A new review of 87 primary care encounters1 found that providers used at least 1 type of medical jargon without explaining it to patients in nearly 80% of appointments, with an average of more than 4 uses of jargon per visit.
A team of researchers affiliated with the University of Central Florida in Orlando listened to audio recordings of these encounters and found that less than half of all jargon terms were explained and that, overall, providers used a jargon term around once every 4 minutes.
“Some use of medical jargon is unavoidable in provider communication with patients; however, for medical jargon to serve an educative function, it must be limited in amount so as not to overwhelm patients,” said lead author Ann Neville Miller, PhD, Professor and Interim Assistant Director of Academic Programs, Nicholson School of Communication and Media, University of Central Florida.
Jargon must be explained “because patients are often hesitant to admit they don’t understand and even jargon with which patients have passing familiarity, such as ‘viral sinusitis’ or ‘EKG,’ need provider input to fill in gaps and correct errors in patient understanding,” Dr Miller said.
New Classification System
“Research2 reveals that the majority of patients leave clinical encounters with faulty recollections of provider diagnosis and treatment recommendations and they may retain only around half of the medical information presented to them,”3-5 the authors write.
They suggest that there is often a “mismatch” between what health care providers think they have communicated and what patients actually hear, with providers “overestimating” how well their patients understood.6 Patients’ misunderstandings can have serious consequences, including “poorer treatment adherence, less patient satisfaction, and, ultimately, poor health outcomes.”7
The concern about jargon has become even more “critical” in light of the “current move toward patient-facing transparent records,” making it even more important for healthcare providers to “recognize the potential harms of using inaccessible language,” the authors state.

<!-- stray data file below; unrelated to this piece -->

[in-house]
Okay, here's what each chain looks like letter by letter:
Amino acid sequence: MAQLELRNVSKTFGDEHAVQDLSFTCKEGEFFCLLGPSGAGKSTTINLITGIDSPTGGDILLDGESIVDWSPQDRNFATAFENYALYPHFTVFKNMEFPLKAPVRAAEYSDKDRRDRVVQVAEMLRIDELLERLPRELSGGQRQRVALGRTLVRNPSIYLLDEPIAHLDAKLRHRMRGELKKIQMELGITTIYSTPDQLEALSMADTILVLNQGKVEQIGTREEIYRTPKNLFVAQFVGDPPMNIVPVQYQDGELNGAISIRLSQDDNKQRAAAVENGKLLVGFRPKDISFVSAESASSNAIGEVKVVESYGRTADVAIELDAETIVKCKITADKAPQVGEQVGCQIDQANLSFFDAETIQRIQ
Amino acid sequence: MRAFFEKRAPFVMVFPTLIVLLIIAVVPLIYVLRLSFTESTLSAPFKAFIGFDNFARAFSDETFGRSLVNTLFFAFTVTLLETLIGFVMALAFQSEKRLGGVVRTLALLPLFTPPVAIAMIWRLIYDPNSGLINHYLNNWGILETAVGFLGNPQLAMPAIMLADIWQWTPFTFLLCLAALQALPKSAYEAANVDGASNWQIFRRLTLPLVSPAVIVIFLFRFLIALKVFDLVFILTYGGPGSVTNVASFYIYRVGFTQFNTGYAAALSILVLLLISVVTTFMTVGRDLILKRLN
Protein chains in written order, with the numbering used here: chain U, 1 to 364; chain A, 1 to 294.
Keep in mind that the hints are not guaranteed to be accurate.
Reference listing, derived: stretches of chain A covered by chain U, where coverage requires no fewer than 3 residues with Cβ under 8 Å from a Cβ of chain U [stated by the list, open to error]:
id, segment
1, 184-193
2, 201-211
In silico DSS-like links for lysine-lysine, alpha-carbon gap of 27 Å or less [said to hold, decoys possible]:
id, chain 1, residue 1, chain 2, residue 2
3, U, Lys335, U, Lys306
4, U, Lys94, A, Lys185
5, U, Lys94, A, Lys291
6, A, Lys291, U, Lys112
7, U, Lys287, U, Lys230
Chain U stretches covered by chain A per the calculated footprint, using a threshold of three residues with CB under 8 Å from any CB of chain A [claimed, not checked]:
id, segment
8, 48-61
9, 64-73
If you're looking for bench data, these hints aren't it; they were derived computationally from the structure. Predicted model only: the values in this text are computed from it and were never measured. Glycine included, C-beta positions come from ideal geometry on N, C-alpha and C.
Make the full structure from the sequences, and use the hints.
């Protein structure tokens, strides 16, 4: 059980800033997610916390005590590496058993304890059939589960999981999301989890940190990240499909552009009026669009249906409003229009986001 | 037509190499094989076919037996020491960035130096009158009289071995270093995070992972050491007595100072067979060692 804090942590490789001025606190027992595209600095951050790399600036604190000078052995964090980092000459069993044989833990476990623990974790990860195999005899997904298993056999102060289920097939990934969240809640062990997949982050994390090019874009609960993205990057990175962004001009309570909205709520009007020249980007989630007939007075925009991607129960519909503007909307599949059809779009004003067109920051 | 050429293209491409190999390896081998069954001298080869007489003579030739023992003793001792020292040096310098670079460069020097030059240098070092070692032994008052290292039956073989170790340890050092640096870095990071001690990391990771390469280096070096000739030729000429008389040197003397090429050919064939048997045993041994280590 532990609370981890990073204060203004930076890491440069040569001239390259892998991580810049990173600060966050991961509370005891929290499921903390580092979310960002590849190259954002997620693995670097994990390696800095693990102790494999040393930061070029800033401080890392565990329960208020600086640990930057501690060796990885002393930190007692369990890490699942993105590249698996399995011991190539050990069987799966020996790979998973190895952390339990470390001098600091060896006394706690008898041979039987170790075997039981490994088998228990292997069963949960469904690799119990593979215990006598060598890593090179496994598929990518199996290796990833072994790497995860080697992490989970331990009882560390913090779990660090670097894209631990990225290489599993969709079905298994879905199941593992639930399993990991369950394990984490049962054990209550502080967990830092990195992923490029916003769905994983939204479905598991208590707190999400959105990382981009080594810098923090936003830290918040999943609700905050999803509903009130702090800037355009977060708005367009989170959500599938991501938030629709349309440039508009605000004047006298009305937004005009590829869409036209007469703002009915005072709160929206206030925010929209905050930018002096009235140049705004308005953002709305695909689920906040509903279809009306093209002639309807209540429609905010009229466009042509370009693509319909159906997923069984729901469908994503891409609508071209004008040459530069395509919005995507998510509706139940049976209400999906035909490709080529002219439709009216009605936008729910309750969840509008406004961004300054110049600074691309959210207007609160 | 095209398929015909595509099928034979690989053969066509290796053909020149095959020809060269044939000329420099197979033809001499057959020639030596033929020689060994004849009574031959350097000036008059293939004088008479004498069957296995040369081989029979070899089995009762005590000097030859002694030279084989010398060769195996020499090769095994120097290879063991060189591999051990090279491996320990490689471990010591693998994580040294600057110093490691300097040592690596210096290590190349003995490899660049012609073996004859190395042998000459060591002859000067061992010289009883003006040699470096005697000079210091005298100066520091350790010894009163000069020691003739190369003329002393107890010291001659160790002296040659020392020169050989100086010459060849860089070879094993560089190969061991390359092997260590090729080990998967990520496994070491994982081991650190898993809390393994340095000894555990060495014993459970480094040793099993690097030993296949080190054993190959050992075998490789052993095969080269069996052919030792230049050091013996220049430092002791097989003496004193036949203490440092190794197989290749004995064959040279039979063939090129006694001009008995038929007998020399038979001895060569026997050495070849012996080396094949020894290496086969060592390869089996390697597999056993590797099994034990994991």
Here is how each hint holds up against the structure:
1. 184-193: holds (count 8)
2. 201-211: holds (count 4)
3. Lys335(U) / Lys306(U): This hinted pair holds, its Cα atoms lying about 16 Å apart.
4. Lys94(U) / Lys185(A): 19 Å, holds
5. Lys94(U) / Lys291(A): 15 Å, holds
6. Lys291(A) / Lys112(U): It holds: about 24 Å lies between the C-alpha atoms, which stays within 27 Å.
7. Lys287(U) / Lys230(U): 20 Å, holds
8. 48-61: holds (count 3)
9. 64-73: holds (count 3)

Dr Miller explained that although medical jargon has “been occasionally studied for decades, definitions of jargon have ranged widely from study to study.”
A new classification framework8 by Pitt and Henderson is “comprehensive” and “includes pretty much every type of jargon that has been identified in previous studies,” and the researchers therefore used this new framework as an approach to “get a broad picture of how much of each type of jargon was used in this type of medical encounter,” Dr Miller said.
The current study was part of a larger research project examining provider techniques for ensuring patient understanding during medical encounters in the student health center of a larger Southeastern university. Specially trained nurses recorded the patient encounters. The researchers excluded appointments involving women’s health, sexually transmitted infections, victim services/sexual assault, substance use disorders, behavioral health, or mental health.
Patients whose appointments were recorded were 18 years of age or older and had completed informed consent and HIPAA release forms. Transcripts of the recordings were then reviewed by the research team, who applied Pitt and Hendrickson’s framework.8